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27 DNS Security Statistics Highlighting The Rise of Cyber Attacks

March 21, 2024

DNS Security Statistics

A domain name system (DNS) helps your computer find websites you want to visit. It does this by translating the website’s name into internet protocol (IP) addresses online. 

IP addresses are like busy streets where malicious hackers can find ways to trick us and stop us from reaching our destination. DNS security acts like police, keeping us on a legitimate path to our destination website.

DNS security ensures we don’t get redirected to malicious websites where hackers can steal our information. Many organizations use DNS security software to redirect end-user web traffic through filters. They identify malware signatures and other characteristics of potentially dangerous websites and media. 

Explore these statistics below to learn more about DNS attack trends and how organizations protect themselves. 

DNS security attack statistics

DNS security attacks exploit vulnerabilities within the infrastructure that translate human-readable domain names to machine-readable IP addresses. Often, they aim to disrupt website functionality by redirecting traffic to dangerous sites. 

Check out these statistics to understand how much damage they can cause. 

  • Organizations face about 7.5 DNS attacks yearly.
  • DNS attacks lead to application outages in 82% of businesses and data theft in 29% of those cases.
  • 60% of compromised IP addresses are in the U.S.
  • A successful DNS attack costs around $1.1 million on average for businesses to recover.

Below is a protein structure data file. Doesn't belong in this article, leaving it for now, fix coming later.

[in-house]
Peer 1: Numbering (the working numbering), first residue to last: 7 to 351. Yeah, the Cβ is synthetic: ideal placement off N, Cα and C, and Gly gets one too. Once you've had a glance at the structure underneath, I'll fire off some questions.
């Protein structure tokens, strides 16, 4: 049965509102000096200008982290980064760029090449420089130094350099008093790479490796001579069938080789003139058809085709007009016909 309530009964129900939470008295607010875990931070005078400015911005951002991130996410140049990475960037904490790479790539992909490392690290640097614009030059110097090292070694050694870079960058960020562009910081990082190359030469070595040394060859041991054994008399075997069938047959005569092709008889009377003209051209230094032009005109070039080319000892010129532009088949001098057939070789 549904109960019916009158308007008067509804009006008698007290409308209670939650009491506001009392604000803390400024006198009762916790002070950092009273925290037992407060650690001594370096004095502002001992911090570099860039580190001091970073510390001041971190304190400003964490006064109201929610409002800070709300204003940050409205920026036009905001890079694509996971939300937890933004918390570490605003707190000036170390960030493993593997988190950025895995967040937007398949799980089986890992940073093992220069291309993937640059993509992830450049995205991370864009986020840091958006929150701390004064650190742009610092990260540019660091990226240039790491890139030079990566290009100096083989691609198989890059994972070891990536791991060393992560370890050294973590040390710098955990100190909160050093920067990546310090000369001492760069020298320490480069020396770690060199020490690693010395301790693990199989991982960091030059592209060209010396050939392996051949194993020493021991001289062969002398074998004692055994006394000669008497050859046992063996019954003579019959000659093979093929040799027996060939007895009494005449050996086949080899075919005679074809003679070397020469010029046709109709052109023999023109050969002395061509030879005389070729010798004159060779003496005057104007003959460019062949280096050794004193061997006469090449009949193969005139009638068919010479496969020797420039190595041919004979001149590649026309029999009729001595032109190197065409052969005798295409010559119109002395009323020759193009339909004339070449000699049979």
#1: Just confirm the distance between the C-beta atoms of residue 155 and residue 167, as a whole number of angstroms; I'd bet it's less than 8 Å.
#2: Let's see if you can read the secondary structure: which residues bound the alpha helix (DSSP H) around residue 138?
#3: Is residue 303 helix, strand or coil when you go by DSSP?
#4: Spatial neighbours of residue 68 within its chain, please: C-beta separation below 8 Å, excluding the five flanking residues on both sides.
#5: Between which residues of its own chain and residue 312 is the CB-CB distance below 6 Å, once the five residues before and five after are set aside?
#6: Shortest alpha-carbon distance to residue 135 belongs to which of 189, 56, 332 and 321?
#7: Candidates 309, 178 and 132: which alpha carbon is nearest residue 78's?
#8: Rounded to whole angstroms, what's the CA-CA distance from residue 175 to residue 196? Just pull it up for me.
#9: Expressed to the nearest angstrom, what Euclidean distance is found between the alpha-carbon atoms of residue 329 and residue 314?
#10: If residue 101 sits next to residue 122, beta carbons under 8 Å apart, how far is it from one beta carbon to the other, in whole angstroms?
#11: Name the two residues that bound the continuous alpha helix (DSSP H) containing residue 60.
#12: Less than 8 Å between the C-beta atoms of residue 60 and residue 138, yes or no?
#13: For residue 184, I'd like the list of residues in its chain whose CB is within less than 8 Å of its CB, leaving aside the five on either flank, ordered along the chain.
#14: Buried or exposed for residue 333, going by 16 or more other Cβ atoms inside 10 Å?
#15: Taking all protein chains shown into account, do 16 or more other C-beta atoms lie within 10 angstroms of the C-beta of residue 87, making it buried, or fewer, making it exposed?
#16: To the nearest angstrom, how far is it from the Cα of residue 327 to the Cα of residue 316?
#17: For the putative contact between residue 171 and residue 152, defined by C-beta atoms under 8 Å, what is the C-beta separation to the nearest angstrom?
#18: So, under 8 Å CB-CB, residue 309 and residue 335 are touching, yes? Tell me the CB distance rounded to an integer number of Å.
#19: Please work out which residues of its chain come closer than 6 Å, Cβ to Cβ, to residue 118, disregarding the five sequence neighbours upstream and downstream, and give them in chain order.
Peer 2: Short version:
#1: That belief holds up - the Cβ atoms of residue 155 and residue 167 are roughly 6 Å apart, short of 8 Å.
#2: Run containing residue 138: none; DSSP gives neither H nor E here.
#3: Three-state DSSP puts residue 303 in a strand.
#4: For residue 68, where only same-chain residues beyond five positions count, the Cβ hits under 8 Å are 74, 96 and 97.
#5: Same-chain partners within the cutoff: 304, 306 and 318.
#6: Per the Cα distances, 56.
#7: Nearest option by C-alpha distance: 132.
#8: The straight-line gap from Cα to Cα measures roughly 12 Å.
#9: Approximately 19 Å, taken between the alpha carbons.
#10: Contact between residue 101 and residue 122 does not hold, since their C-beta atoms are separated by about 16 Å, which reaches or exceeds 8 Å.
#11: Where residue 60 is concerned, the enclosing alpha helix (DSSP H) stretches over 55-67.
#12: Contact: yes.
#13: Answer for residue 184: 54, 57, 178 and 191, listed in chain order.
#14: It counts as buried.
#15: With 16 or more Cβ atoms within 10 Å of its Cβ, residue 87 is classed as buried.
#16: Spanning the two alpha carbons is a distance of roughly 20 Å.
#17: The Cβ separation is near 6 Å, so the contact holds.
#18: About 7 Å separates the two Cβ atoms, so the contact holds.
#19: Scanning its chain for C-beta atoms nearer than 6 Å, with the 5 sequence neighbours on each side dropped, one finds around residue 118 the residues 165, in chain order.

of organizations consider DNS security crucial for their protection.

Source: Efficient IP

  • 12% of new domains might be maliciously impersonating Fortune 500 companies.
  • 79% of malicious domains that target Fortune 500 companies use urgent language like "login" or "pay."
  • North America saw the most damage from attacks in 2021, while Asia's damage rose by 15% from the previous year.
  • 13% of new tax-related domains are harmful.
  • DNS tunneling increased by 41% as vulnerabilities to new threats climbed to 44% in 2020. 
  • New malicious domains related to Russia or Ukraine surged 150% after the 2022 war began.
  • 92% of organizations say their website is essential for operations.
  • Akamai, a technology security company, processes 7 trillion DNS requests daily, blocking 2.8 billion harmful ones.
  • App downtime remained high, at 62% in 2020, barely changing from 63% in 2019.

DNS security measures

Many organizations add an extra security layer called DNS security extension to ensure computers get the correct website address when they look them up. If you use a DNS provider, they help you block suspicious traffic and notify you they detect inappropriate activity.

You need to monitor network traffic constantly to catch strange behavior early. Keep an eye out for unusual requests coming to the website and follow best security practices. 

Explore these statistics about security professional’s perspectives on DNS security. 

  • Only 31% of security professionals feel very confident in handling a DNS attack.
  • DNS hijacking is a significant concern for 47%, leading to distributed denial of service (DDoS) attacks.